"Whitewashing" isn't just a political term, but a necessary garden step if you want to keep fruit trees protected from the elements. Even a thin coat of whitewash will provide protection from the damage that nature wreaks on fruit trees in any stage of maturity.
Apply whitewash to trees before the onset of winter to protect bark not from cold but from the other effects of winter. Sun scald is a common problem that affects young trees during winter. The light of the sun warms the tree bark during the daylight hours, but cooling nighttime temperatures create a dramatic change that will cause bark to split and crack. Whitewash deflects the warm rays of the sun, so tree bark will stay cool and in one piece during normal day and night cycles.
The sun's heat is even more intense during summer, when fruit trees are most susceptible to sun damage. Any parts of the tree's branches or trunk that are exposed to hot sunlight for the better part of the day should be protected with a layer of whitewash. Trees that become overheated in the summer sun may burn or dry out, creating dead and damaged spots in the tree.
Mix your own whitewash for trees with water, hydrated lime and ordinary table salt. Pour 3 lbs. of salt into 12 qts. of water and stir to dissolve the salt. Slowly add 10 lbs. of hydrated lime, stirring the entire time. Add a little more water to paint bark that is exceptionally rough and deeply textured. Always apply a single coat of whitewash, allow it to dry, then paint on a second coat. Two coats of whitewash should be sufficient for the entire season, but the paint must be applied again when the next summer or winter arrives.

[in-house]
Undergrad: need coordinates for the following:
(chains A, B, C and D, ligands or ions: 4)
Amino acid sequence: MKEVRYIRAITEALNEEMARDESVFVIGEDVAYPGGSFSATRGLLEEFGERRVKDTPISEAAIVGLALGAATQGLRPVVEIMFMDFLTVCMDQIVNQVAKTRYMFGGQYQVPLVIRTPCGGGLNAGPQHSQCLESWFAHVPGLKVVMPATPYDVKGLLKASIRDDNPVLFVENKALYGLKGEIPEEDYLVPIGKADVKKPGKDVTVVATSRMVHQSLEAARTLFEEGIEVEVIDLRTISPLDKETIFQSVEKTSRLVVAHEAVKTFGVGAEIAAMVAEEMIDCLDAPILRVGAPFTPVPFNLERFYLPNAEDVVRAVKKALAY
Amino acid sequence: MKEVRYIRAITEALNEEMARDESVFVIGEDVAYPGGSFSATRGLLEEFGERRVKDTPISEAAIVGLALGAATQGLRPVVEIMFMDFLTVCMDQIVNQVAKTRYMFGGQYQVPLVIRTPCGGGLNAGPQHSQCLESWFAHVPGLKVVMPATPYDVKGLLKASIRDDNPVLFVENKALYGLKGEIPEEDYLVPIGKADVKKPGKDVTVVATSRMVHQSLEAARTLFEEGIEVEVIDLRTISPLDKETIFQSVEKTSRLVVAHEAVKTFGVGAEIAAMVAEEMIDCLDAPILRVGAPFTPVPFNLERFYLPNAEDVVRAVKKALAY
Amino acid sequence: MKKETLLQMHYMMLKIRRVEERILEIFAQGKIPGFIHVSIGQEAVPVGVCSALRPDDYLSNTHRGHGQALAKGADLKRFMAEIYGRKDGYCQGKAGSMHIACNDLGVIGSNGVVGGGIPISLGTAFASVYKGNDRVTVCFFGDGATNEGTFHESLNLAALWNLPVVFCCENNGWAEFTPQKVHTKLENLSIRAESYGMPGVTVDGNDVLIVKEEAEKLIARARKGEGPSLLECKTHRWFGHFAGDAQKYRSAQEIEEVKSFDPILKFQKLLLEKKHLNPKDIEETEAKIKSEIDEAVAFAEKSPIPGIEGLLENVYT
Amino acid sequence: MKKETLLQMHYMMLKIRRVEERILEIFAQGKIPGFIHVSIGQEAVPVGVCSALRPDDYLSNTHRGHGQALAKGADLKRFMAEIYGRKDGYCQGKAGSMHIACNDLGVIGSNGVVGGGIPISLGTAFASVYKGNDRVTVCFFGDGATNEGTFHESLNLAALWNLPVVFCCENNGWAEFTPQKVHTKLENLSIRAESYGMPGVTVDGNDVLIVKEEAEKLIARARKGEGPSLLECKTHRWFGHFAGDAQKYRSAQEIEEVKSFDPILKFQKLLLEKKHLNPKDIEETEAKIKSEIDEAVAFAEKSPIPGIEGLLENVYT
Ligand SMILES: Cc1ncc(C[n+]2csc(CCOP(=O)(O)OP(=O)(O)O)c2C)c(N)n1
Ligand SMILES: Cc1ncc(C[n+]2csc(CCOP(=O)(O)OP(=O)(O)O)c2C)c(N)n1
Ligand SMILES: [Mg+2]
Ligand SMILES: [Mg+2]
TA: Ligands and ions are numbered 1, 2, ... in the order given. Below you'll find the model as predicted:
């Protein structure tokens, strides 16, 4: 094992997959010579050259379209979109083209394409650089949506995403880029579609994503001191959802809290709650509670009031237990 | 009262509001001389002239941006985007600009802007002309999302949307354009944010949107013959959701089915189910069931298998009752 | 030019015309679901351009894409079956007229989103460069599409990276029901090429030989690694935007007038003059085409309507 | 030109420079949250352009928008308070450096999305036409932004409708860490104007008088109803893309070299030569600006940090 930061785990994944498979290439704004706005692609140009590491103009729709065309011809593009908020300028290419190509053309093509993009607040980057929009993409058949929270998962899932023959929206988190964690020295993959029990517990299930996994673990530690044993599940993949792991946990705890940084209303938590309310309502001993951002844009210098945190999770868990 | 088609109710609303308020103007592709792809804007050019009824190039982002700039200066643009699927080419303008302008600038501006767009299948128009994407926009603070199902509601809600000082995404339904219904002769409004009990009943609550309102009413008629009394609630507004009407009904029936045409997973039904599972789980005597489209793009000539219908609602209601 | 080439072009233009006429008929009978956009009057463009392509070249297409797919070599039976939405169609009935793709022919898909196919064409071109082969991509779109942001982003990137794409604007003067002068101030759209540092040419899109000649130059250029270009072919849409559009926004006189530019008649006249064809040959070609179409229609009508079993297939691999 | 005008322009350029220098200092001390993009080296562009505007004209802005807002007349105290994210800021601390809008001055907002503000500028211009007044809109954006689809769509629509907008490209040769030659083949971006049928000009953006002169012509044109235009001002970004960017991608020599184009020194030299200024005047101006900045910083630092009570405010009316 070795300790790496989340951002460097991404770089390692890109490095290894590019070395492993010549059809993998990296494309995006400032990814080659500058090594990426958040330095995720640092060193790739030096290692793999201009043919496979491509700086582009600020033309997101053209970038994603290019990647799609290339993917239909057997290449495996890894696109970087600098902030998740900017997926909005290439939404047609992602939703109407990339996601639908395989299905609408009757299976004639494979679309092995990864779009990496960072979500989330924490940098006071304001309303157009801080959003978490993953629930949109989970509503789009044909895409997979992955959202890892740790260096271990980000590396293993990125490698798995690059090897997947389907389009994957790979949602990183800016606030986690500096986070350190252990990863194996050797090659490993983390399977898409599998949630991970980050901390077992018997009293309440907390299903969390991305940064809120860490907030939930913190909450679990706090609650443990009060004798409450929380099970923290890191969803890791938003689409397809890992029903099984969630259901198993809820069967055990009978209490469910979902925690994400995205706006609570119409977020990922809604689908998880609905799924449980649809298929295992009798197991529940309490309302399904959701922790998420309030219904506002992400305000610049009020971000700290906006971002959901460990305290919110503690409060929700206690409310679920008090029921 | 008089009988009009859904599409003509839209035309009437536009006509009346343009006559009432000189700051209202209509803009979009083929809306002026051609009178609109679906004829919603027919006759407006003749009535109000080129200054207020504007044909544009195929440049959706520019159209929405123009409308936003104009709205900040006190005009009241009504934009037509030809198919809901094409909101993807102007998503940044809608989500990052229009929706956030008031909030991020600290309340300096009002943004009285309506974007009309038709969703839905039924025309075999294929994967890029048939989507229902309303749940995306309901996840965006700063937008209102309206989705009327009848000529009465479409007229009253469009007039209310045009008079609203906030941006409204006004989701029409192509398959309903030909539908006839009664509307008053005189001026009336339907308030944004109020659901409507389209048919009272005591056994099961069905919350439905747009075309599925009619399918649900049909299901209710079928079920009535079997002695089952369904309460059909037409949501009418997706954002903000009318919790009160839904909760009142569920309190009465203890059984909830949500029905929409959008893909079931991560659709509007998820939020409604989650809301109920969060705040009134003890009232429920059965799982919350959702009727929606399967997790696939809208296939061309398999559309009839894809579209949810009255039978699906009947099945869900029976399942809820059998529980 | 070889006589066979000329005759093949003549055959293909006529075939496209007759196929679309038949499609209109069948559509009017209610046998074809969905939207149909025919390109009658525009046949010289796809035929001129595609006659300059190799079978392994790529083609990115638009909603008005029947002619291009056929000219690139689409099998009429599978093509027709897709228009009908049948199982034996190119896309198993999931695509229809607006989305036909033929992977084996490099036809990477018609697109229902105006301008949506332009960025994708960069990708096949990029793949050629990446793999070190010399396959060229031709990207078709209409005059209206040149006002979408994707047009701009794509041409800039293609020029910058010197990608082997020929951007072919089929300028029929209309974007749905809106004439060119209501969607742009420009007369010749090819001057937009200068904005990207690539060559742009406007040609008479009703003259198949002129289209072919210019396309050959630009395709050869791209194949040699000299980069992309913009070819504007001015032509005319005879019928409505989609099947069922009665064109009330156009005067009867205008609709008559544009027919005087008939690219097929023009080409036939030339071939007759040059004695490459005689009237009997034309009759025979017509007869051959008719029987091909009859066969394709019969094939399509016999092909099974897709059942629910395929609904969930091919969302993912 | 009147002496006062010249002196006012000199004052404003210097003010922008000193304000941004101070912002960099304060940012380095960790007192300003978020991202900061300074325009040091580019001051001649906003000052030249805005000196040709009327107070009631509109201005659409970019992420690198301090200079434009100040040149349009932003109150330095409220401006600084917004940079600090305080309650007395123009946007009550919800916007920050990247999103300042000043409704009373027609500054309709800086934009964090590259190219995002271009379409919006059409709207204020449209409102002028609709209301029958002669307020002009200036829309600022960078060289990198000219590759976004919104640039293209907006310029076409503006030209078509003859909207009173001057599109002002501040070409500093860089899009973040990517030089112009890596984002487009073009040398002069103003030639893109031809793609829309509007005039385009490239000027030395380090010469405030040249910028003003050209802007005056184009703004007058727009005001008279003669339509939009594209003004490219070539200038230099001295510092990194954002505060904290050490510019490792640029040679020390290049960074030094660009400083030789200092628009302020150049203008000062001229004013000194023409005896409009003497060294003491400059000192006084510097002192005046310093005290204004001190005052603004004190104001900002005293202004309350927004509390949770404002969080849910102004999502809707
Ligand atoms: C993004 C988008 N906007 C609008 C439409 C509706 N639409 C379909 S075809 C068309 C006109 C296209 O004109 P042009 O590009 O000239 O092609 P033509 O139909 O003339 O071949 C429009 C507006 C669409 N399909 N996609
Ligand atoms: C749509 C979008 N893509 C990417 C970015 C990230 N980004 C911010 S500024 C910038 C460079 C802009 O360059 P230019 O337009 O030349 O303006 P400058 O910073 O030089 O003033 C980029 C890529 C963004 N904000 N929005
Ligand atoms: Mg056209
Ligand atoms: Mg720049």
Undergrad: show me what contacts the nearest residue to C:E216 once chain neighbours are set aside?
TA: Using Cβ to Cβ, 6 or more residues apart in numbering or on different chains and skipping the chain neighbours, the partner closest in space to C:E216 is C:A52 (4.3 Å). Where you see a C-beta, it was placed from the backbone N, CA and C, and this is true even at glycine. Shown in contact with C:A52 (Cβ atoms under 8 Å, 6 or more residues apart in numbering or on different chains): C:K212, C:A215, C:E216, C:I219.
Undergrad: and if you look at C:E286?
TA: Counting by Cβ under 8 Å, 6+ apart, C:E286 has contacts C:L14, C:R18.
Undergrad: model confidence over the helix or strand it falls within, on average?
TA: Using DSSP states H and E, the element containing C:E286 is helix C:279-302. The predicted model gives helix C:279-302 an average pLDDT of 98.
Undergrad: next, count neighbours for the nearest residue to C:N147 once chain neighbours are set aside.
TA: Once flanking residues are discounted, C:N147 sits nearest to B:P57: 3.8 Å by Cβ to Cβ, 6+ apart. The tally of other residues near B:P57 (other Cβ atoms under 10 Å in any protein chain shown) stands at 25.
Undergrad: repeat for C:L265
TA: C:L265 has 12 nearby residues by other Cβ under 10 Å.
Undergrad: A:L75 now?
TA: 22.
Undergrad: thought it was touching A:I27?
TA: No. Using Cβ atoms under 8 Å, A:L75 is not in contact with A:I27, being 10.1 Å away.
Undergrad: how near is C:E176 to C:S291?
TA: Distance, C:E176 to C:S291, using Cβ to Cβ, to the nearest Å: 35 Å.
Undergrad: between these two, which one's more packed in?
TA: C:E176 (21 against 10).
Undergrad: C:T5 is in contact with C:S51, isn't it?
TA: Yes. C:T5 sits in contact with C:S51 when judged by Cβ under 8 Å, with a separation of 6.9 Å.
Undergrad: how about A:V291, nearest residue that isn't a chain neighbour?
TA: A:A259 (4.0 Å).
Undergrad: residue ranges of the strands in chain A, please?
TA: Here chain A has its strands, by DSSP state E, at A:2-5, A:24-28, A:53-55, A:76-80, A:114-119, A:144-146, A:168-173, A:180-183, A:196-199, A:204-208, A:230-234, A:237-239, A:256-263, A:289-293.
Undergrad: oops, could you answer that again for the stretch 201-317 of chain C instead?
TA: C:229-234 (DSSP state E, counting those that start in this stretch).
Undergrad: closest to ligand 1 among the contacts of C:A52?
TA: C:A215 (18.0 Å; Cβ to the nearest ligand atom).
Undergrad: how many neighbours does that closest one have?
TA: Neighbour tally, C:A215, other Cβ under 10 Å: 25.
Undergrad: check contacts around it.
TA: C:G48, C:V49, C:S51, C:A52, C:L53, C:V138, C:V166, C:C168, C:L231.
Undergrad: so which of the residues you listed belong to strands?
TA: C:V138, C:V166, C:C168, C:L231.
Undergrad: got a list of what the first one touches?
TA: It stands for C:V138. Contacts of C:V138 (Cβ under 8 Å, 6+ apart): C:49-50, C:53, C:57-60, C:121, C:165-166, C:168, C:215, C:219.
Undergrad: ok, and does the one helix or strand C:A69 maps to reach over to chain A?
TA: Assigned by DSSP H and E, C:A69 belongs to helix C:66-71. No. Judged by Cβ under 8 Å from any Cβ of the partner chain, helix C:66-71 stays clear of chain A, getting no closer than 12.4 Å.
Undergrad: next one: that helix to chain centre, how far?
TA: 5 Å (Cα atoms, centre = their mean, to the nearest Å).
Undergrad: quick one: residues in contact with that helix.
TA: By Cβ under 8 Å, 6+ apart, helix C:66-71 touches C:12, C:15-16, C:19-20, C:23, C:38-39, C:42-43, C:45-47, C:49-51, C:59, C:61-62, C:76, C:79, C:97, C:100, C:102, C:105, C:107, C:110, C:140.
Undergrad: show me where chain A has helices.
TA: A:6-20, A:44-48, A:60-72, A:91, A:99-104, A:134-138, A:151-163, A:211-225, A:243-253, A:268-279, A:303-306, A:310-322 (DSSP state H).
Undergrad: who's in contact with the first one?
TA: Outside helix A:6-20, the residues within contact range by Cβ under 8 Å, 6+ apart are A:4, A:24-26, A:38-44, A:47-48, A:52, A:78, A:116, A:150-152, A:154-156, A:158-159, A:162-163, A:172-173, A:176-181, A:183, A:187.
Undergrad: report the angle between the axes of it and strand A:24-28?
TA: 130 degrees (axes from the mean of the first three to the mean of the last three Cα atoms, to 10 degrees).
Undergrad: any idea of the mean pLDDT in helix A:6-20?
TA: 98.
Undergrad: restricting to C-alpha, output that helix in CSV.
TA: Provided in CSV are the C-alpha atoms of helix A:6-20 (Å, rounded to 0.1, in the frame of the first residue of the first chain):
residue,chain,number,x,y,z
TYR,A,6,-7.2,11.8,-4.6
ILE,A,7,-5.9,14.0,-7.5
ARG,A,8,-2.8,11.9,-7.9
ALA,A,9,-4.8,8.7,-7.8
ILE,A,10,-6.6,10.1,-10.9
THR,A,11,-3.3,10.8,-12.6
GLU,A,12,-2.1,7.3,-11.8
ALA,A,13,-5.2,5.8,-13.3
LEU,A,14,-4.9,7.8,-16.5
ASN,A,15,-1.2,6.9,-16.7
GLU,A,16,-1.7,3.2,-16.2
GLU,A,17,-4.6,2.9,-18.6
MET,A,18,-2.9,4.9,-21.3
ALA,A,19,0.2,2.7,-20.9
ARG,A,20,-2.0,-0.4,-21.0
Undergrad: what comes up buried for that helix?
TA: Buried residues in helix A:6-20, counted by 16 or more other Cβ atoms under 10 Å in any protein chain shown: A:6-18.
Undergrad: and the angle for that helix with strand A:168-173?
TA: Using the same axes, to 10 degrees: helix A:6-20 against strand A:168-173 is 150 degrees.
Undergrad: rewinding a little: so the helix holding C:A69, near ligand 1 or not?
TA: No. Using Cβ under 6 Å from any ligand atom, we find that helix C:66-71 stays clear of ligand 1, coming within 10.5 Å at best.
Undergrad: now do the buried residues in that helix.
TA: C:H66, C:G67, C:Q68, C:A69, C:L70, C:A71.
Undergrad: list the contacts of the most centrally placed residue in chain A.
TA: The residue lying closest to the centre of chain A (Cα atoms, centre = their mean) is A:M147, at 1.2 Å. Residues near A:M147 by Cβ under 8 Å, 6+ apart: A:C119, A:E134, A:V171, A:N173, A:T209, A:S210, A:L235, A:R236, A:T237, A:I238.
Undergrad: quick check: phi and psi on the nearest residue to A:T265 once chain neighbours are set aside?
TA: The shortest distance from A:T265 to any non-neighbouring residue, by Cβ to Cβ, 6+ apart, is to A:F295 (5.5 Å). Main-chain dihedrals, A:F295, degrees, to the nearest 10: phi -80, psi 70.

Rather than mixing up their own whitewash, some gardeners use ordinary white latex paint. It's important to buy latex-based, pure white paint if you intend to use this on your fruit trees. Mix together regular tap water and the white paint in a 1-to-1 ratio or 2-to-1 ratio. When mixing commercial paint and water together to create whitewash, never use more paint than water or the consistency will be incorrect. Remember that trees are living things, and they are not meant to be painted thickly like a wooden fence.
- Photo Credit brush in paint image by Vladislav Gajic from Fotolia.com
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